Mediation In Buddhism Essay

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Meditation once seen as a quirky, hippie, eastern practice with no real merit has grown over the years in popularity secondary to its now known health benefits. But what is mediation really and where did this idea originate? To truly understand the possible answers, wouldn’t it make sense to analyze some of the earliest documented practices? The two forms of mediation addressed in this essay are those of the Hindu and Indian Buddhist communities. Both practices while very much dissimilar are similar in the sense that the main objective is to obtain oneness with the universe and/or oneself; in Hinduism it is referred to as Moksha and in Buddhism it known as Nirvana.

The Upanishads consist of many teachings, written from the point of view
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Upon his completion, the gods are said to have pleaded with him to teach what he discovered during his meditative state. The Middle way, the Four Noble Truths and the Eight-fold path are born into existence along with the development of the Sangha. (09 Buddha #15; Bell) It is here that practice of mindfulness is taught to monks and here where one first sees what will later become a more familiar…show more content…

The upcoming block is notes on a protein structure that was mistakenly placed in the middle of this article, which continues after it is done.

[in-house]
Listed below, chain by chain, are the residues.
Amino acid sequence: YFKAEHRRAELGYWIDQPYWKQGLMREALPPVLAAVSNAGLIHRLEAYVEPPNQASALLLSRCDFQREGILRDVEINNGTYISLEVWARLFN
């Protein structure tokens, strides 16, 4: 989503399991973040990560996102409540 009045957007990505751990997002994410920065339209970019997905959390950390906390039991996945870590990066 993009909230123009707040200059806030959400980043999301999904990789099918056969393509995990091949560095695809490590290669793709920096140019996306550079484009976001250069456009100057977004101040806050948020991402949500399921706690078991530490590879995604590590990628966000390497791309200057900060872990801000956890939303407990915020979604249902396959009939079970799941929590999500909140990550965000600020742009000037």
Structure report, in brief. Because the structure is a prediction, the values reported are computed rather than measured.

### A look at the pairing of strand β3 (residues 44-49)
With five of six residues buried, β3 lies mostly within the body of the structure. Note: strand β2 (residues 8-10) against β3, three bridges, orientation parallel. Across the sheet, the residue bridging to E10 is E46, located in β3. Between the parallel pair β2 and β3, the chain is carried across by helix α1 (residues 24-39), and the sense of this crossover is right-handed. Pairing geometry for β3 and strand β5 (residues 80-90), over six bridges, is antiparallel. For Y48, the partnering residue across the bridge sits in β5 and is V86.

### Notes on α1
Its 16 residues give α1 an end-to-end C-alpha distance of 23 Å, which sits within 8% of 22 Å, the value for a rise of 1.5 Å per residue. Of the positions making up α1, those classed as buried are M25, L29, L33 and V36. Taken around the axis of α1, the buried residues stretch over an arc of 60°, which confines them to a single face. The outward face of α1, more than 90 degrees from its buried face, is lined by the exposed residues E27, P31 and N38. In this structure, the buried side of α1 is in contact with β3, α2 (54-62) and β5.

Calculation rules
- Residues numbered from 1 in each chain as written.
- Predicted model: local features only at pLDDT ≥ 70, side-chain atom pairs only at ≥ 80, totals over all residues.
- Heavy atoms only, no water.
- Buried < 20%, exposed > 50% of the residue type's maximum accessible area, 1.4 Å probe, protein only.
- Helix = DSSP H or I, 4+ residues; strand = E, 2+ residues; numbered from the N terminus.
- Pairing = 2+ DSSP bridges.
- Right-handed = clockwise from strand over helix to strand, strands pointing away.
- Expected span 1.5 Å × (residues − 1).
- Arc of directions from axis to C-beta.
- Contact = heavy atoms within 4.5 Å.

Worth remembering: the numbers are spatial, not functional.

In part, because one stems from the other. The comparisons lie in both the theory and approach. Hindus practice varied forms of meditation as way to be nearer to Brahman. The manner in which one must meditate can only be mastered by repetition. Indian Buddhist practice mediation as form of self-awareness, which in turn is much more simplistic. While, Buddhist do not believe in Brahman, the practice of meditation is considered a vital part of the religion. One observation includes the obvious goal of attachment in Hinduism as opposed to the complete detachment sought out by Indian Buddhist. Historically it cannot be denied that from one religion came the birth of the other, so in a sense despite their very different characteristics they are ultimately
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